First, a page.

By the time we get to the last big fight, too . . . Vastra, Jenny, and Strax join Clara in fending off a cluster of clockworks, and it's so clear they're trying via editing to make it look much bigger and more intense than it really is or should be. Meanwhile, the Doctor and the head clockwork are having some kind of existential discussion about whether Heaven exists or something. And whether it's worth continuing to kill people for their organic material just to get to the "promised land." (Couldn't the Doctor have simply argued that killing people would, in fact, ensure one does not get to Heaven?)

One of my biggest criticisms of Matt Smith's turn as the Doctor was the lack of gravitas. He did manic very well, but it was hard to believe him as something or someone species across time and space might fear to anger. He did not appear to carry the weight of millennia on his shoulders; he did not feel ancient. And that wasn't so much his appearance—David Tennant was not "old" but was able to convey that weight and weariness, and he was absolutely believable as someone with a dark side one would wish to avoid. And it seems now that Moffat can't quite decide where Capaldi will fall on the spectrum. Which is why he leaves it to the viewers to decide whether the Doctor did, in fact, push the clockwork leader to his death or whether he merely talked the clockwork into suicide.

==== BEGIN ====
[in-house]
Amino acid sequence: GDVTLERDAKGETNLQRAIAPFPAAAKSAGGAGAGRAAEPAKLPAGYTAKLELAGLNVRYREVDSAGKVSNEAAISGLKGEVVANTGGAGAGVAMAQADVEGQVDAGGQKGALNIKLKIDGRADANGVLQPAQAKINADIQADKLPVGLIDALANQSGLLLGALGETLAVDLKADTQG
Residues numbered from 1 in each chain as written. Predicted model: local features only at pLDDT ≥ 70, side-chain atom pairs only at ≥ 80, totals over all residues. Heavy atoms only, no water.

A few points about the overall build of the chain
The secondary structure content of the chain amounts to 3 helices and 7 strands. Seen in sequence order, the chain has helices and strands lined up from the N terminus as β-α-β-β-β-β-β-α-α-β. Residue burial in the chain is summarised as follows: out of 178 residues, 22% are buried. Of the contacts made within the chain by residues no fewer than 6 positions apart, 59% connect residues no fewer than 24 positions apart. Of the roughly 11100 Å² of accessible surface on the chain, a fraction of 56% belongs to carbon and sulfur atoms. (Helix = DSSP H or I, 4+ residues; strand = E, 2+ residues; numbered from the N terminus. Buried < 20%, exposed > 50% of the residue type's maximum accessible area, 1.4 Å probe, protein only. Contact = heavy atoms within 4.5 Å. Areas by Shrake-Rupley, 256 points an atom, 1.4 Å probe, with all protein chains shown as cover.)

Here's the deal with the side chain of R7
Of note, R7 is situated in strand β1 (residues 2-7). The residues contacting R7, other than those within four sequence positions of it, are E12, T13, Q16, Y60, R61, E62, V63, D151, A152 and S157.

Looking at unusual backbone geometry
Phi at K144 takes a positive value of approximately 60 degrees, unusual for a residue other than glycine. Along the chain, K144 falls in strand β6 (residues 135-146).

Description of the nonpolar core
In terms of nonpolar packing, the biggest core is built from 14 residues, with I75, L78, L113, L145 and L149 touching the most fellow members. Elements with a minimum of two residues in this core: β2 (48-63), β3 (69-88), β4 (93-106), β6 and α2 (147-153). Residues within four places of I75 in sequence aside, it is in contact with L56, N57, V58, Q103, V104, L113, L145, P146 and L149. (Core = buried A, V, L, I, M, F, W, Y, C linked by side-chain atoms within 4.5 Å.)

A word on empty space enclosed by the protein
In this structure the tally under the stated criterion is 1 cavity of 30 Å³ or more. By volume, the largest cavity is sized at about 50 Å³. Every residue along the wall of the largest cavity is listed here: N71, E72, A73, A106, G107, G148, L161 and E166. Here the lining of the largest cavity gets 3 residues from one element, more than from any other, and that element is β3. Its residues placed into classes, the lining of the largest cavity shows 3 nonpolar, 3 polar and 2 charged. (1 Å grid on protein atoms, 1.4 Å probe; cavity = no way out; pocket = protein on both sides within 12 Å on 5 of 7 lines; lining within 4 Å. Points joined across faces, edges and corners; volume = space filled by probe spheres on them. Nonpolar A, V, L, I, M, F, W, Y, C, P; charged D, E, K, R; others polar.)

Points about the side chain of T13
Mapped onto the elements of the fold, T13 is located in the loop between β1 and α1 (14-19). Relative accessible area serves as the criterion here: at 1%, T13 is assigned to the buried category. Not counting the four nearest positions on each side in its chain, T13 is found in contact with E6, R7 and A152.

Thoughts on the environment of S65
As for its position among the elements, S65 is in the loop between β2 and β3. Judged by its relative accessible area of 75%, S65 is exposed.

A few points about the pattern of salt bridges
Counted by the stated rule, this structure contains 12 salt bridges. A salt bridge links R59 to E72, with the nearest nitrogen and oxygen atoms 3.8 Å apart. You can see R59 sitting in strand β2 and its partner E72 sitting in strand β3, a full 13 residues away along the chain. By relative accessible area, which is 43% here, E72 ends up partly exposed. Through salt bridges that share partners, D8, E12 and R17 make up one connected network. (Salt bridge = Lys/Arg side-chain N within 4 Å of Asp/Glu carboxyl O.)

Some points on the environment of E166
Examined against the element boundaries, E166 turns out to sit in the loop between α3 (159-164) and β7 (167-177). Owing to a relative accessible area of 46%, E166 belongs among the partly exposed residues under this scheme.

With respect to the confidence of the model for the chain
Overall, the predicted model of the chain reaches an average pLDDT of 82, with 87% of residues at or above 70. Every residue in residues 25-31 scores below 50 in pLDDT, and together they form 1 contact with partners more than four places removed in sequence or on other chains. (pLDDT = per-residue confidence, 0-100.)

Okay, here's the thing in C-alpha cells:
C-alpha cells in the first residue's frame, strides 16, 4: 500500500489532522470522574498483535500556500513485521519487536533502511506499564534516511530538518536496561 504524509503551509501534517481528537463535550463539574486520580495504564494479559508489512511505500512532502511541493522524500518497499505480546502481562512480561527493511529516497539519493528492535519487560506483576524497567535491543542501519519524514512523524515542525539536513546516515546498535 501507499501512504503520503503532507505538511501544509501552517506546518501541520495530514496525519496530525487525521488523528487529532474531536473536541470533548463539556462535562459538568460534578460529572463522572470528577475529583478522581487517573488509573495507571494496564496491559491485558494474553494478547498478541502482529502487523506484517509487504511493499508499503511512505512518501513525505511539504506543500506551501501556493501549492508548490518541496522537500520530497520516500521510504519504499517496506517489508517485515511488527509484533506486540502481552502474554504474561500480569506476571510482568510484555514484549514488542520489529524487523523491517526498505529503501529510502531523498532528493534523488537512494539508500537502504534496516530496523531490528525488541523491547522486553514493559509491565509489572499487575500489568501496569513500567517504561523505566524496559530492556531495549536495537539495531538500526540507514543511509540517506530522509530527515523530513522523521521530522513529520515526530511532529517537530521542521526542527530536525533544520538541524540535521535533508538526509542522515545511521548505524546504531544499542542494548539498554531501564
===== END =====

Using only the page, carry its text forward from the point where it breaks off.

Kind of a cop-out, but then again, character isn't Moffat's strong suit. He does dialogue pretty well, but if you close your eyes and listen, that dialogue is not attached to character. Many of the exchanges in "Deep Breath" could easily have been in an episode of Sherlock instead. It's all interchangeable.

There was what seemed to me to be a half attempt at explaining why the Doctor's new face (and faces were necessarily the big theme for the episode) looks exactly like a character from "The Fires of Pompeii" (Peter Capaldi having starred in that episode): the Doctor says of his regenerated features, "I never know where I get them." Apparently it's possible for him to see a face somewhere and eventually become that person's doppelgänger in a future incarnation?

The clockwork leader, btw, finds himself in a garden with a fountain, where a woman named Missy tells him he's reached the Promised Land. (I feel like there is more to that story, but . . . maybe not.*) And Clara struggles with whether or not to continue to travel with the Doctor now that he is so different, so changed, at least on the outside. It takes a phone call from his former self to assure her he's still, well, him. No matter what he looks like.

But that's never been entirely true, has it? Every incarnation of the Doctor has been a little different from the next. Seeing Capaldi attempt to be Smith was off-putting, but he did seem slowly to become his own man. Nice accent. And the togs are quite natty. I am curious to see how he develops.

*Did they ever say who did put the ad in the newspaper? Did I miss it? I was wondering whether this Missy was tied to that somehow.